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Bullyboy Sean Hannity Unable To Take Losing Like A Man

Reported by Ellen - October 19, 2006 -

Dictionary.com defines "bully" as "a blustering, quarrelsome, overbearing person who habitually badgers and intimidates smaller or weaker people." A better description of Sean Hannity was never written. What’s also implied in that definition is that a bully is strong only when there’s no serious challenge. In the face of looming Republican losses on November 7, Sean Hannity seems in danger of losing it, himself. Rather than defend any of his beloved Republicans in trouble, Hannity has ramped up his tirades against Democrats – and then, with Hanctimonious outrage, pretends that he is the victim. His partner in hypocrisy tonight was chairman of the RNC, Ken Mehlman.

Hannity introduced the segment with Mehlman by announcing that the top story was the “hope and optimism” from Karl Rove and President Bush about the upcoming election. Then, Hannity said, “Meanwhile, the venom just continues to flow from Bill Clinton. At a speech earlier today, at Georgetown University the former president ripped into Republicans and said this about politics in America:”

Clinton: Most of us long for a politics where we have genuine arguments, vigorous disagreements, but we don’t claim to have the whole truth and we don’t demonize our opponents and we’re really trying to work on what works best for the American people.

Doesn’t sound so venomous to me. But Hannity said with disgust, “He wants a more positive dialogue. Well, remember all the women that were smeared?” To help the anti-Clinton message, the biased banners on the bottom of the screen said: “Bush Optimistic” while Hannity spoke of Bush and “Clinton Pessimistic” as Clinton spoke.

Hannity continued his stream of hate by pretending that it was someone else doing the hating. “It is ironic,” Hannity told Mehlman, “the guys that started the war room, the guys that you know, Bill Clinton sat back while any woman that said anything about him was smeared and besmirched by his closest allies.”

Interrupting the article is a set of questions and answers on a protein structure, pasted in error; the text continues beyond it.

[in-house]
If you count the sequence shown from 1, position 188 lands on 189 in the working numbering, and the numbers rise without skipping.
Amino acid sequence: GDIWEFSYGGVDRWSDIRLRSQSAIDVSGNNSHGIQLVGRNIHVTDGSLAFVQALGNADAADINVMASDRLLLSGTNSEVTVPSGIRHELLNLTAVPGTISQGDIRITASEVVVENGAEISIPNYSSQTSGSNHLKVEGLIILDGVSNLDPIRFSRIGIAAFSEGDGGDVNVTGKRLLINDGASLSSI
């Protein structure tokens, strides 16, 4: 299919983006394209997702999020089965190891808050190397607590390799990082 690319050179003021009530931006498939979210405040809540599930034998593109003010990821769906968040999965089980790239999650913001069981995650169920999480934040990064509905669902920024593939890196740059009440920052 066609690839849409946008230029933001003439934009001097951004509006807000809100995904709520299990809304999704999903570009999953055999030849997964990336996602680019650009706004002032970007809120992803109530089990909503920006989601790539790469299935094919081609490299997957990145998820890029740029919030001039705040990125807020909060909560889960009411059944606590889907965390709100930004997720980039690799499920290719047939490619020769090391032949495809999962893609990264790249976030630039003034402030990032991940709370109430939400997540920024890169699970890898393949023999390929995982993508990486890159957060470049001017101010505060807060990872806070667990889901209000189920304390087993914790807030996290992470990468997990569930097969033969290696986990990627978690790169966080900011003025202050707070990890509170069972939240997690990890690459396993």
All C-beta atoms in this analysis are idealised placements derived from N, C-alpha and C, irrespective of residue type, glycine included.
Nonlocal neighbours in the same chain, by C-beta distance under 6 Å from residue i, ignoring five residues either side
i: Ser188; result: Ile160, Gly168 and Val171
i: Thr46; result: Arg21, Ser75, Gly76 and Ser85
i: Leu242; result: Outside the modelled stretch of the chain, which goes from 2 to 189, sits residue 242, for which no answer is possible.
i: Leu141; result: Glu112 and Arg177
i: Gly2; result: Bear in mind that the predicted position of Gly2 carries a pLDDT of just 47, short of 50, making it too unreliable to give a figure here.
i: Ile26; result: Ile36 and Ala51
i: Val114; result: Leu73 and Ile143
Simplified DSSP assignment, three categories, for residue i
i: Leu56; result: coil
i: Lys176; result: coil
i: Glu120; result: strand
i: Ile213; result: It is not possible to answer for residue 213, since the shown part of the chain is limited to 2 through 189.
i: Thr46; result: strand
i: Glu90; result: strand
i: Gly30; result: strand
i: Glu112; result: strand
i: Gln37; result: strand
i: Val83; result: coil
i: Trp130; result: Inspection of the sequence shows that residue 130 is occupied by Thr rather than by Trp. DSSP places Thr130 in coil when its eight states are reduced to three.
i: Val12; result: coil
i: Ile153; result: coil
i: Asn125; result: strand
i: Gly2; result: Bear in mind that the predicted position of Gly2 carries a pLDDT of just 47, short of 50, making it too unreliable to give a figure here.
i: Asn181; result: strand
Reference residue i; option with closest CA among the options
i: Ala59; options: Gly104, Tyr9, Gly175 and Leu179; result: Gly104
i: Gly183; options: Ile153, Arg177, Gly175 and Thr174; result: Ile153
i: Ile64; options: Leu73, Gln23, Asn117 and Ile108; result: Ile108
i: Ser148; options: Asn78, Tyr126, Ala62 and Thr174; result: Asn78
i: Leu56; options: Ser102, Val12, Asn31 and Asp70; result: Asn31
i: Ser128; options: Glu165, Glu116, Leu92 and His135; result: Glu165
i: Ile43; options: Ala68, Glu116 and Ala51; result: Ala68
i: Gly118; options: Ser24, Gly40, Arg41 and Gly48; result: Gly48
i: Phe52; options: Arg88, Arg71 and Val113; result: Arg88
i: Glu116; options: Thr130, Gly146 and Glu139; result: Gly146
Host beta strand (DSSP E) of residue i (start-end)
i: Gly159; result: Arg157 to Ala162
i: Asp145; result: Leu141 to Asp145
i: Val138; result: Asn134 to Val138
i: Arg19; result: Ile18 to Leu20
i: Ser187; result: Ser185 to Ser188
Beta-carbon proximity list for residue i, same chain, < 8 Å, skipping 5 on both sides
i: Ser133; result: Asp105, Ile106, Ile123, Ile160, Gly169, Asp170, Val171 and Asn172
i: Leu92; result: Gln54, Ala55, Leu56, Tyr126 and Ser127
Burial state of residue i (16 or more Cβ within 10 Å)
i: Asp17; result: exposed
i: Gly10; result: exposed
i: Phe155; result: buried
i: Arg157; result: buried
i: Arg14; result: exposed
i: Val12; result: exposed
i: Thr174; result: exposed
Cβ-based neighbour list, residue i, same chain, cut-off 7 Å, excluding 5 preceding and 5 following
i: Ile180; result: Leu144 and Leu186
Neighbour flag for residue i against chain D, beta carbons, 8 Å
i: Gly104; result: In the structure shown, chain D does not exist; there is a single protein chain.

Mehlman was just a bit slicker but played the same game. “What he said is right. The fact is, we ought to be in a place where, when you disagree with someone, it doesn’t mean, as Howard Dean said, that you hate them and you hate their ideas.” But without taking a breath, Mehlman continued, “You ought to not have a leader in the Senate, Mr. Reid, who would call the president of the United States a liar and a loser to school kids. It seems to me we need to understand we disagree on issues, we debate the issues, our country’s better off, and at the end of the day, we’re all Americans. We all respect each other, where we’re coming from, we all want the same things for our country but we disagree about how to get there.”

From there, Hannity launched into an attack on Nancy Pelosi, his ubervillain for the election season, and other Democrats. Hannity ticked off on his fingers a dubious list of offenses: “Nancy Pelosi said the president was mentally unstable (Mehlman audibly concurred with that); Howard Dean said Republicans are dark, evil, dishonest, corrupt, mean. They can’t get people of color in a room unless of course the wait staff’s there. All said by Democrats on top of undermining the war on terror."

Mehlman nodded his head throughout.

Later, Hannity offered his “respectful” analysis of Democratic policies with a litany of smears and distortions: With his sincere face, Hannity said “Charlie Rangel wants to eliminate the Bush tax cuts… John Murtha, he wants to redeploy to Okinawa, he wants to cut and run… You want to grant Constitutional rights to Al Qaeda members like Dick Durbin? You go with the Democrats. If you want to end enemy intercepts, you go along with the Democrats and Pat Leahy.” Hannity disingenuously added, “On measure, it’s got to be about issues.”

Mehlman continued nodding his head in agreement. “No question about it,” he said.

Alan Colmes pointed out that Mehlman called Democrats “defeatocrats” but, rather than focus on the hypocrisy of smearing Democrats while pretending to take the high road, Colmes focused on the number of Republicans who have also called for a change of policy in Iraq.

Mehlman told Colmes, "It seems to me, Republicans and Democrats can come together and say, if we allow Iraq, a nation that sits right in between Syria and Iran, a nation that has the second largest oil reserves in the world, to become another Afghanistan was before 9/11, it would be incredibly dangerous to America."

That might have been a good moment to make the point that the Bush administration has botched the job in Afghanistan but Colmes let that go by asking another series of questions. “What’s the Bush plan? What is the success plan? What are they gonna do other than stay the course? What’s the plan to turn over security to Iraqis? What’s the time frame?”

Ken Mehlman didn’t really answer, other than to say that the president’s plan is “to win by constantly adapting.”

Something tells me that adapting to more Democratic participation is not going to be part of either Mehlman’s, Bush’s or Hannity’s plan anytime soon.